The Goudy and Stevens, Gamage, Hodgdon Bros., Camden Shipbuilding, Bath Iron Works, Samples and Malcolm Brewer/Elmer Collemer boatbuilders. Designers Murray Peterson, Henry Scheel, Sidney Herreshoff and Bob Baker. The Frost/Lowell family of lobster boat designers and builders. Ted Hood.

For what it's worth I'd also like to see an(other) article written about Bror Tamm, a boat builder and amateur designer who worked with LF Herreshoff and for Lawley's.

Chip-skiff
01-11-2012, 11:51 PM
Liked the Uffa Fox series. Found we have one thing in common: I think best in the bathtub.

CapnJ2ds
02-05-2012, 07:01 AM
I'd love to see more stuff on aspects of navel architecture.
You guys even have people to design your navels? :d

But I agree with Ian on covering aspects of ... um ... boat design, and on the interest of seeing regional types.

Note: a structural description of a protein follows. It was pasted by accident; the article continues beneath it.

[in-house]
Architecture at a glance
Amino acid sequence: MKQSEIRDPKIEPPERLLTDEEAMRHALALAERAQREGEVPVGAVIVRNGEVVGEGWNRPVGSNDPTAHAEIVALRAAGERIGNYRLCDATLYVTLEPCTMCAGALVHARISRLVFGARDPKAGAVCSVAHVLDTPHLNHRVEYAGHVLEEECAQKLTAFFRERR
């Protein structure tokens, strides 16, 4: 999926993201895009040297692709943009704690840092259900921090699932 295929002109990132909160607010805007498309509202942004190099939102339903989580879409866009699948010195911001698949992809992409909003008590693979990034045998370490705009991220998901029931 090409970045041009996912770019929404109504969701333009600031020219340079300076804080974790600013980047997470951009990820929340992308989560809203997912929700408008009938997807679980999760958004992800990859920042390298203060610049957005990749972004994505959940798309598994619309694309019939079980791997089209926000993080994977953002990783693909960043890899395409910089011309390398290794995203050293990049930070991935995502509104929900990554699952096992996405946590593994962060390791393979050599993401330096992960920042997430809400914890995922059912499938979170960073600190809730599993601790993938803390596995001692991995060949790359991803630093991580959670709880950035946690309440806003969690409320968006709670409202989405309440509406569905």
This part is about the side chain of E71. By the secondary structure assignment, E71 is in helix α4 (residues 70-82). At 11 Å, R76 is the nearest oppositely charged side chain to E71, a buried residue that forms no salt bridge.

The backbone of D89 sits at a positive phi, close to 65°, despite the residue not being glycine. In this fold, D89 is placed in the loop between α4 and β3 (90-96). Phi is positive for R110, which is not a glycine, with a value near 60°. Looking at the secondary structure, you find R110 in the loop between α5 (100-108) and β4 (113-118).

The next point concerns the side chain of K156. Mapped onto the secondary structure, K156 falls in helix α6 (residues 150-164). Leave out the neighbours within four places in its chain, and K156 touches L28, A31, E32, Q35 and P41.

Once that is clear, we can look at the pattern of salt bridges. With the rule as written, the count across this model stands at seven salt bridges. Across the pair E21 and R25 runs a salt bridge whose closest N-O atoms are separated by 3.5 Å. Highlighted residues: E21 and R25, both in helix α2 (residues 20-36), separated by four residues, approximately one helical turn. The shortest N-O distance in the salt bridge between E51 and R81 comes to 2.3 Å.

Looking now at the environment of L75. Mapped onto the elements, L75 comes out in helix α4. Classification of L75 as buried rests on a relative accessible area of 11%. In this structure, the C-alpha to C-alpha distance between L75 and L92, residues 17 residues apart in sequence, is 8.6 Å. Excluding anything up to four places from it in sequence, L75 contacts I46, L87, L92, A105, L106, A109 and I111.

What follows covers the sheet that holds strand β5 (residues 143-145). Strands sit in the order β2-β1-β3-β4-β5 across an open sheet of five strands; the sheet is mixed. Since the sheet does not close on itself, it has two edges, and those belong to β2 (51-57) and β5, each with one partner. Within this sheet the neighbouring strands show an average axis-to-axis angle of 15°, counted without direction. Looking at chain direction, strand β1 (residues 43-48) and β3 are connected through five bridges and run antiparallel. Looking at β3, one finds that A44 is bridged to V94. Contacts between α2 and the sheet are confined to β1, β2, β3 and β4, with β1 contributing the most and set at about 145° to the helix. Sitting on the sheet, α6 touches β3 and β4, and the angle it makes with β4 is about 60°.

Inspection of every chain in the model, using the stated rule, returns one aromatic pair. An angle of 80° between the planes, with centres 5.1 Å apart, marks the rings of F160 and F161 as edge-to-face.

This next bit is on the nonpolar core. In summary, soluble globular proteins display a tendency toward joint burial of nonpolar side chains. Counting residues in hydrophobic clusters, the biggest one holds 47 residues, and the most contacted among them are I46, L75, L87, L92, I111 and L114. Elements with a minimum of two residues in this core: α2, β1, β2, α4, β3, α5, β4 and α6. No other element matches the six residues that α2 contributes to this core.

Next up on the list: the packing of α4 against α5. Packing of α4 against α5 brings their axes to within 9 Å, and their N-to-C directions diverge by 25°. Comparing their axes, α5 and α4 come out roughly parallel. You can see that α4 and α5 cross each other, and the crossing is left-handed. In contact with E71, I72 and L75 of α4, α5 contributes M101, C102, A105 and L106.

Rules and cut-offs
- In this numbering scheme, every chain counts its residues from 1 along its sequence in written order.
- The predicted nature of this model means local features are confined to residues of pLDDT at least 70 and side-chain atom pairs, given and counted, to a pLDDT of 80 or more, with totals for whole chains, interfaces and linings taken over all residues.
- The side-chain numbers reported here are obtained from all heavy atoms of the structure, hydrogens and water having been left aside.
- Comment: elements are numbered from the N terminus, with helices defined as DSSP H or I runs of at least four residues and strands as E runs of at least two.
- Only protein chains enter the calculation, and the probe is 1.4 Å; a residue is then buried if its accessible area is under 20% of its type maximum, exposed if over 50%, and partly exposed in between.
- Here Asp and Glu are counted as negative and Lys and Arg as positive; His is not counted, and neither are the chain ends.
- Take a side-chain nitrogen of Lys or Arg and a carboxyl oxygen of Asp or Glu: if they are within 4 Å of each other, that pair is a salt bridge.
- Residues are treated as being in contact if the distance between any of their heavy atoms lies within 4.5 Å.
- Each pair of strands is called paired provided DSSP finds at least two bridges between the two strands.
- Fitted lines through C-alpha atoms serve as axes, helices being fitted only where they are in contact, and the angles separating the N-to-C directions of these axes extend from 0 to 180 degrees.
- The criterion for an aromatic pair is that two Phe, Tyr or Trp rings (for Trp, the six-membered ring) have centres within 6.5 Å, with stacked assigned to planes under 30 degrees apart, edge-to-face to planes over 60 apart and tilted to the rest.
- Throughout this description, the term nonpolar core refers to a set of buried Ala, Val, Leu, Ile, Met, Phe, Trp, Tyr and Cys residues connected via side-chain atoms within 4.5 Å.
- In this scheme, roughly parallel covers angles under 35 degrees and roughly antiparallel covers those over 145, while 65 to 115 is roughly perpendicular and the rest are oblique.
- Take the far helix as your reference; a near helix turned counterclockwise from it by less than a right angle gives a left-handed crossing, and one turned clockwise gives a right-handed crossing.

My real complaint about the serial features is ............ not enough actual designs |:(. I don't care how many issues a serial article goes for - it's an opportunity to show more of the featured designer's work.

Keith Wilson
02-05-2012, 08:52 PM
I've always liked the biographies, including the details of their lives other than their work. I took Paul Gartside's design class at the Wooden Boat School a few years ago; he's a great guy.

Rob Hazard
02-06-2012, 07:22 AM
I enjoyed the whole series on Uffa Fox immensely and read it through repeatedly. I only wished it had included more lines drawings, photos, and detailed illustrations of his early 14' dinghies, showing the changes in design and construction he made to keep his boats so competitive in those early years.